Eagles starting right tackle Winston Justice will write a weekly column for the Daily News to provide his insights into the team. His columns will usually run Wednesdays.
Have a question for Winston? Send your question along with your name and hometown to firstname.lastname@example.org.
Winston will answer the best of those submitted in future columns.
IN THE NFL, no team plans to lose. Sunday's loss to the Chargers was tough. After starting off slow and battling back in the second half, I feel as an offense we ran out of time and didn't get the job done. Our job as a team is to execute, and we came up short. There are no excuses for that.
Reporters and fans have been asking if the recent wave of injuries has hurt our team, and I say no.
As players at this level, we have to be and are ready to step up and play as well, if not better, than the starters. There is a lot of uncertainty in such a physical game. There is no guarantee that a player who is practicing during the week is able to play on Sunday. We have to be ready for that, as well as a number of other contingencies. The coaches prepare us in advance for these last-minute decisions.
On the o-line, Jason Peters wasn't able to play last week because of an ankle injury and Todd Herremans stepped up and did a great job.
This season I have played next to three different guards, each having his own unique technique and body structure. These game-to-game changes require my position to make minor adjustments depending on who is playing at a particular time. These changes are not demanding and all are a part of adapting to every game. Whether it is Stacy Andrews, Nick Cole or Max Jean-Gilles at guard, these adjustments are all part of harmonizing and gelling together as an offensive line.
One thing about the NFL is you have to possess a short memory. You can't be thinking about the Chargers when you have to move on to the Bears. We take our losses somberly and learn from them, which is critical to improvement.
Q & A
Last week, I asked for any questions or comments from readers. And I wanted to thank all of you who wrote in. Although I can't answer every question, I appreciate your time and support.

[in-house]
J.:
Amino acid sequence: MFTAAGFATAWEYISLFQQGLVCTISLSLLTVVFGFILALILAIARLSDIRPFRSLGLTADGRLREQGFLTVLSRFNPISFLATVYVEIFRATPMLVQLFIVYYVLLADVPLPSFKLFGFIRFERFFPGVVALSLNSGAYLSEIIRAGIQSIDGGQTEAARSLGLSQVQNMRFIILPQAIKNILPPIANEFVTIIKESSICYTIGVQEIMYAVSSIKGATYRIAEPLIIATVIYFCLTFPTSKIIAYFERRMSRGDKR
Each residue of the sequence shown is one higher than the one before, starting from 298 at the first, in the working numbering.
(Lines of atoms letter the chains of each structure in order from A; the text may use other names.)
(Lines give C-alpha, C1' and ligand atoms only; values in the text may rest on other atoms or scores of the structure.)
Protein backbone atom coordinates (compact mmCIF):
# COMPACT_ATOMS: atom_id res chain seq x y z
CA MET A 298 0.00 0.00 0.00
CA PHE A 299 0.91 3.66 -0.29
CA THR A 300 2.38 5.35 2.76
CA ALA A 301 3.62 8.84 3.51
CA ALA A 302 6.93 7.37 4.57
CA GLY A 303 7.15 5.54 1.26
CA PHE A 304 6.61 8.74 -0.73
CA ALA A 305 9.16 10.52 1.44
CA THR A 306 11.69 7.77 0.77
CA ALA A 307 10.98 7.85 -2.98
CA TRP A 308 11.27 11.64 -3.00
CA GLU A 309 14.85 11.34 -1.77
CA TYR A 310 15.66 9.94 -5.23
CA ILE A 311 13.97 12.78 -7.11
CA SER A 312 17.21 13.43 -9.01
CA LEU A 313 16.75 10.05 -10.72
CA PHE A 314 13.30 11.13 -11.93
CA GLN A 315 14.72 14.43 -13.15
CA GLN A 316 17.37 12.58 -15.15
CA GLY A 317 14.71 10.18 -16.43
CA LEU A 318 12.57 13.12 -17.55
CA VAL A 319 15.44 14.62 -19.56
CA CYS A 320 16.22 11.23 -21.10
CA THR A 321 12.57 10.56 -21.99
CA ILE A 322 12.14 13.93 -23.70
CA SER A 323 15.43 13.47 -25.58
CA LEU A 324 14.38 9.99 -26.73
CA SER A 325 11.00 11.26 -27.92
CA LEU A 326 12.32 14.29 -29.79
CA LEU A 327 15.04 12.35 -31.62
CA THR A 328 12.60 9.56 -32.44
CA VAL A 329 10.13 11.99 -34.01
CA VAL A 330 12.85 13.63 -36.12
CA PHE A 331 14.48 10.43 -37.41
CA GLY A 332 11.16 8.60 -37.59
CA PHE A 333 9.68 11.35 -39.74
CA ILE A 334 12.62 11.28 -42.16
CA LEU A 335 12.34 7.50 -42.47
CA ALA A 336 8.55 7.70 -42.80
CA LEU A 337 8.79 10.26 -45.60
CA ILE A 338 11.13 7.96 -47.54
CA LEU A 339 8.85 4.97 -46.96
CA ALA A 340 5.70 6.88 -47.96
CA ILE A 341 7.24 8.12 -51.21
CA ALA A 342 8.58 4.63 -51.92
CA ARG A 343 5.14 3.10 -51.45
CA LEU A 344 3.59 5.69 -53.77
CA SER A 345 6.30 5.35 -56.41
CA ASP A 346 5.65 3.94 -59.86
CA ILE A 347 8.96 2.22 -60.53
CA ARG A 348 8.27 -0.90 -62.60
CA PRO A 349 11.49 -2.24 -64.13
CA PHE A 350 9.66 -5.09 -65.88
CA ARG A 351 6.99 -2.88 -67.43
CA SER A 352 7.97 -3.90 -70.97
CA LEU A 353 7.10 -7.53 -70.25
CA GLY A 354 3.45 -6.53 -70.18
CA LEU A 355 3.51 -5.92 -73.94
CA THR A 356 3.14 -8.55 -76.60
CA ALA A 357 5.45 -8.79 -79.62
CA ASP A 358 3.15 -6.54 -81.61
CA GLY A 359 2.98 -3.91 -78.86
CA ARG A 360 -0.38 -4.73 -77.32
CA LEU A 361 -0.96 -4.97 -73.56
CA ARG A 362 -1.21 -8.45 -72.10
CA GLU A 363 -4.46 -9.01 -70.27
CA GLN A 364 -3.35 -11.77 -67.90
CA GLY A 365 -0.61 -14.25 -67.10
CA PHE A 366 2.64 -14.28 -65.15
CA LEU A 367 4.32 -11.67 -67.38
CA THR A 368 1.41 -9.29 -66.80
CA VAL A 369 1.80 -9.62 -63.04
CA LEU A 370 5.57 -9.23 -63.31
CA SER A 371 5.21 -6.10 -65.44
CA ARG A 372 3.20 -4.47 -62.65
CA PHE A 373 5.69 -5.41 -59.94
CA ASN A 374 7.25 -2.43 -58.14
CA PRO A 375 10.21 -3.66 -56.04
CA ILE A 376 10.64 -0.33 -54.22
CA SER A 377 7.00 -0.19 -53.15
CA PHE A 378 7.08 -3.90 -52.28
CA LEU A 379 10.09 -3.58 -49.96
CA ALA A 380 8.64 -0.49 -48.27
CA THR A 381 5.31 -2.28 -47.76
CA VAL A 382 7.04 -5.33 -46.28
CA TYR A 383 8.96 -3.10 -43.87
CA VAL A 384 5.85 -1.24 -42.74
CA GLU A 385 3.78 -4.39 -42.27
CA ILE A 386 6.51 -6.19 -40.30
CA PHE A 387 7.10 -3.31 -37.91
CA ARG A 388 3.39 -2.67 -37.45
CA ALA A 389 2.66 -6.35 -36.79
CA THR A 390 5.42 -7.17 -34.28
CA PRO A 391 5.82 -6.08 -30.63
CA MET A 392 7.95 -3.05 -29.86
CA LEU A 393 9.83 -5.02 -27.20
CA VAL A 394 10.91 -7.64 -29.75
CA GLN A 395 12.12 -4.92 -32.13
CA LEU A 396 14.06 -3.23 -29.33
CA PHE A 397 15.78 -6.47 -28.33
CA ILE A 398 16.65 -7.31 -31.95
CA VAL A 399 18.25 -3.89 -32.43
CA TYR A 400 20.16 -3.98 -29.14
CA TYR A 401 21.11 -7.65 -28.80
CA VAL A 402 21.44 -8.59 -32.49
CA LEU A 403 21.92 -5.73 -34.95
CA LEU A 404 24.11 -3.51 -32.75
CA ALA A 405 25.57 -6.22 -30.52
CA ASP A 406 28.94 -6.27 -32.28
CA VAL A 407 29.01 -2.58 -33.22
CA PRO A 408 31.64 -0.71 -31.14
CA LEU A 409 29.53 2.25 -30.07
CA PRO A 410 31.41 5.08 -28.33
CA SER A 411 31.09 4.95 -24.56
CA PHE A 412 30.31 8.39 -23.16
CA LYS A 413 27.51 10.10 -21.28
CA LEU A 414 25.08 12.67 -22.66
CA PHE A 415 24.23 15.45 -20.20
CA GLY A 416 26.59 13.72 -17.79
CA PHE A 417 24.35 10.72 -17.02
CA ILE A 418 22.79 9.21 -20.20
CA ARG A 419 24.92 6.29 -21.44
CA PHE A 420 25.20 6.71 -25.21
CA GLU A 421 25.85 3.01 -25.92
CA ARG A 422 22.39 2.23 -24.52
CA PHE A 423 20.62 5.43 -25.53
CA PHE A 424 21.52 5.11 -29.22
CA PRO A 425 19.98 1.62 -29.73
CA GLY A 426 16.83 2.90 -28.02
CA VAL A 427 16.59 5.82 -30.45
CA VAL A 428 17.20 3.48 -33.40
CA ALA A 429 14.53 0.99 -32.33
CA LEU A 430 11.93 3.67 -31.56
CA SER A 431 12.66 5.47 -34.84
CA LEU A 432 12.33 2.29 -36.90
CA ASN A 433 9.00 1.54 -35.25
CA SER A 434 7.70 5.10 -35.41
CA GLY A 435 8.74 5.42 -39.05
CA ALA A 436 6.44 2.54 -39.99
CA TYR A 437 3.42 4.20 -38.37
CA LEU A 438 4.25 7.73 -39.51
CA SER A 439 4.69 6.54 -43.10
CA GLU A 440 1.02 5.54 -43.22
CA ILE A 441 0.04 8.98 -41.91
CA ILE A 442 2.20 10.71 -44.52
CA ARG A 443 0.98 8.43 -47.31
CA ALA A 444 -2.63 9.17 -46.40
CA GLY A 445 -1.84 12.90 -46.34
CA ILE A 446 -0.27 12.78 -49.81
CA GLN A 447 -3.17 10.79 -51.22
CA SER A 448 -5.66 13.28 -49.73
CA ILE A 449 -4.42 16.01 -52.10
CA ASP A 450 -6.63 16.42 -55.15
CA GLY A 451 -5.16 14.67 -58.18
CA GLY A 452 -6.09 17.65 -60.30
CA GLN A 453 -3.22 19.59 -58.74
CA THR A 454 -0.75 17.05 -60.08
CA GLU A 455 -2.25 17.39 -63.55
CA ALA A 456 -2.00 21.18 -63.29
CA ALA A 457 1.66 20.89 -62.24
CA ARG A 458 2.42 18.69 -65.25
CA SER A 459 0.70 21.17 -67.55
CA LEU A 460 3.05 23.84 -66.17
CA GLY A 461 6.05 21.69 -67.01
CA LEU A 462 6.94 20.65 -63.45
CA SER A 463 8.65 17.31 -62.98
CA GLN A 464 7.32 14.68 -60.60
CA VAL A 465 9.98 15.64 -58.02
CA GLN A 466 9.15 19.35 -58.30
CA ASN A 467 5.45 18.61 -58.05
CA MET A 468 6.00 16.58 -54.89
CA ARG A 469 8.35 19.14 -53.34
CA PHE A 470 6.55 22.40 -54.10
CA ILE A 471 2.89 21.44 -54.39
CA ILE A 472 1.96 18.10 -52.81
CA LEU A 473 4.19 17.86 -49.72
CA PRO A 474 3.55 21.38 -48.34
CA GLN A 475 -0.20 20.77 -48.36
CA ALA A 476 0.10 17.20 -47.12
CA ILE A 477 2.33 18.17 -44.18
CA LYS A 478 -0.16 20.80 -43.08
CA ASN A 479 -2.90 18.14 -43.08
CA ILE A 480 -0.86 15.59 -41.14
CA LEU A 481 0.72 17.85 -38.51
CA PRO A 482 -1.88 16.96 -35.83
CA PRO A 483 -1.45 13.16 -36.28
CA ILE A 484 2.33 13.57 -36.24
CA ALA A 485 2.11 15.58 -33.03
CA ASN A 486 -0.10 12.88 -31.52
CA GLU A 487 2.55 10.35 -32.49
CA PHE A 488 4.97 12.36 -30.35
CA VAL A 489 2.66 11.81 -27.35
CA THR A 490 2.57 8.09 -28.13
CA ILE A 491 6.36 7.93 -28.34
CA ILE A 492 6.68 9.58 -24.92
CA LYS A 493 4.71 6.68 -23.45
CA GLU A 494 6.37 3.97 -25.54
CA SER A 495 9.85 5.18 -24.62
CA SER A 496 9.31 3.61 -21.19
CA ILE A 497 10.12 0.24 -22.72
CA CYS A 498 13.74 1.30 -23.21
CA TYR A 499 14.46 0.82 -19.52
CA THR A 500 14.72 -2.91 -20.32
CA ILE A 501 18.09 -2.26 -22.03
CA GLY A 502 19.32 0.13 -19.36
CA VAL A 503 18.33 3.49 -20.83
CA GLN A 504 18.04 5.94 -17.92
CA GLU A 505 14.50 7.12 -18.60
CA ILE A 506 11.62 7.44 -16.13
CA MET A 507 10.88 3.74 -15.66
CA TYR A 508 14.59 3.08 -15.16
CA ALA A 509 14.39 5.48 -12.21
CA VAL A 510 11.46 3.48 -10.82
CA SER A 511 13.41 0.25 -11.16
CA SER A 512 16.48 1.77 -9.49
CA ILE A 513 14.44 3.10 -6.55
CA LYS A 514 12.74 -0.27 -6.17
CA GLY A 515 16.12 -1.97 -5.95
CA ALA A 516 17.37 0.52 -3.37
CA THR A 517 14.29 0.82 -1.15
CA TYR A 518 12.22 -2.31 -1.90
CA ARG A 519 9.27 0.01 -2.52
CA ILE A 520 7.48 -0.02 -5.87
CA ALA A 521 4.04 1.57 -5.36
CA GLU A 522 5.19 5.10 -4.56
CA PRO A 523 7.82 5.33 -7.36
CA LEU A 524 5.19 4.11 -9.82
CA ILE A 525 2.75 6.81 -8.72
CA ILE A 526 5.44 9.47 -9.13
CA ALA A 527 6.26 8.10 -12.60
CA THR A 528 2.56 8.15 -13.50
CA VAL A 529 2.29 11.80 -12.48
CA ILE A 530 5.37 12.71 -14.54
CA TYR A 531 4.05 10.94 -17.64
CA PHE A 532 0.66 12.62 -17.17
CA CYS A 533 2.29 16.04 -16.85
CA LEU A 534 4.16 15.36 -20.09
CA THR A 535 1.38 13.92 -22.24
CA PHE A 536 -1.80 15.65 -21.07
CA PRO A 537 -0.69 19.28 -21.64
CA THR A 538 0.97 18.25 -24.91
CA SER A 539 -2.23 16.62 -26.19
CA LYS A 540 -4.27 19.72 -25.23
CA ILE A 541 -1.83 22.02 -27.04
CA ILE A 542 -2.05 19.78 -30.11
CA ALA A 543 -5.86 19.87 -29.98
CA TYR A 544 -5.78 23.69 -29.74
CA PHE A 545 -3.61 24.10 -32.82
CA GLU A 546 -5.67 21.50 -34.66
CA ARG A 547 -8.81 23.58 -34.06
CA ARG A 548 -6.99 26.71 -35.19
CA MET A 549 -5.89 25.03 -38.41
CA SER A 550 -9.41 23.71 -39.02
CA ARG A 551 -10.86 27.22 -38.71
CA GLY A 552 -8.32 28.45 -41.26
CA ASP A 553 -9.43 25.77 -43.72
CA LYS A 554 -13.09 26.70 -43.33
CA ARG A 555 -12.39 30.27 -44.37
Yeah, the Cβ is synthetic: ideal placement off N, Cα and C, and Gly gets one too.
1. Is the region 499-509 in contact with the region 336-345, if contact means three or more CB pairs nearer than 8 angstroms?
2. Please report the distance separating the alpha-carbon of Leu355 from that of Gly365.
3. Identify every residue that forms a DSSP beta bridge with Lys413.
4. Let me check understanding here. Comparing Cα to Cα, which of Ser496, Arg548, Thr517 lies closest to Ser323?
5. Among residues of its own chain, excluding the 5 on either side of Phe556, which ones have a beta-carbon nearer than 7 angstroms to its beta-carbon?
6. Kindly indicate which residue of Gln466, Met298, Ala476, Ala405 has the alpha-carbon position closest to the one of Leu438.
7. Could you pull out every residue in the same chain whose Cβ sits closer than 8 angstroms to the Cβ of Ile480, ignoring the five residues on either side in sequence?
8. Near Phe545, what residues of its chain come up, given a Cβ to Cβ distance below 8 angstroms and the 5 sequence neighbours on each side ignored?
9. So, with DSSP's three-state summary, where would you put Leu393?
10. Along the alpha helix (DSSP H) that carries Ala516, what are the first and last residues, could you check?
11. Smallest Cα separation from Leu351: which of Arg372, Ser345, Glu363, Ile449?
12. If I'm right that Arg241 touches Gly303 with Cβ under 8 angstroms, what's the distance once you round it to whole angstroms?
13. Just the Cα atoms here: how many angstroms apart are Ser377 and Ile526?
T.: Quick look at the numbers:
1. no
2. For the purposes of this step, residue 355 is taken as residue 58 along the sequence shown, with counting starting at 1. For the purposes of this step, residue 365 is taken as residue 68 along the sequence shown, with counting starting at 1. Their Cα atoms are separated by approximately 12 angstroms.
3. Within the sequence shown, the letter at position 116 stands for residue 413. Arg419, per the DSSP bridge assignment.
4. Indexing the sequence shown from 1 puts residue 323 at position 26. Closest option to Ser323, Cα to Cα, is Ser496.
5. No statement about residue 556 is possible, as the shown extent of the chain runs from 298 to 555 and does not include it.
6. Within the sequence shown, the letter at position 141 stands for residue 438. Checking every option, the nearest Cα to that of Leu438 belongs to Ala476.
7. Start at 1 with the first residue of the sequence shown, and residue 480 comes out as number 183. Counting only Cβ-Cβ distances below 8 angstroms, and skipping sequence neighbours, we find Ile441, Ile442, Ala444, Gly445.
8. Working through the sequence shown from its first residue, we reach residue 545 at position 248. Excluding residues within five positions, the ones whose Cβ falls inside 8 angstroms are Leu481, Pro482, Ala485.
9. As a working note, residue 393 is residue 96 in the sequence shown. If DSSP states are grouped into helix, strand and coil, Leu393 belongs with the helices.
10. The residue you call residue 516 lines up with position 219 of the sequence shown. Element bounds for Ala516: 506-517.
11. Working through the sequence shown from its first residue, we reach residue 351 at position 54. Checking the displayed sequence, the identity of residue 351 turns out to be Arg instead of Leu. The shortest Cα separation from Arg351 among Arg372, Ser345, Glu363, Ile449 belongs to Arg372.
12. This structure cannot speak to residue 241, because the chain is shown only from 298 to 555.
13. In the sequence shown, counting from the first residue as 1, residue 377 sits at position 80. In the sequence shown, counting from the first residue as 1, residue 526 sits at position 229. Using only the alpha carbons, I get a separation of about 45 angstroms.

I was wondering if you could compare the style of ball you played at USC to the NFL and the Eagles? What was the toughest adjustment you had to make to the pro game? I admire what you have accomplished with the Eagles. You have proved that good things happen when you add hard work and faith to each day. Thanks, Jeff from Sewell, N.J.
A lot of times in college you can just rely on your athletic ability to get the job done. In the NFL, however, to just get to this level, everyone has to be even more than just a superior athlete, so athleticism alone won't suffice. You really have to pay attention more to your personal technique.
And, in that regard, I have been blessed at the Eagles with o-line coach Juan Castillo, who strongly emphasizes and teaches technique. Technique for an offensive lineman, among other things, includes footwork, hand placement and vertical and horizontal leverage.
Another adjustment is the amount of time that goes into studying yourself and the opponent on film. It is actually a full-time job as opposed to a couple hours after class.
One of the most important changes I went through from USC to the Eagles is that I learned to rely not on myself, but on my faith. As I said last week, I learned that it's not about me. God has blessed me with talents that rise above achieving fame and fortune. And I am grateful that football is my way of expressing this.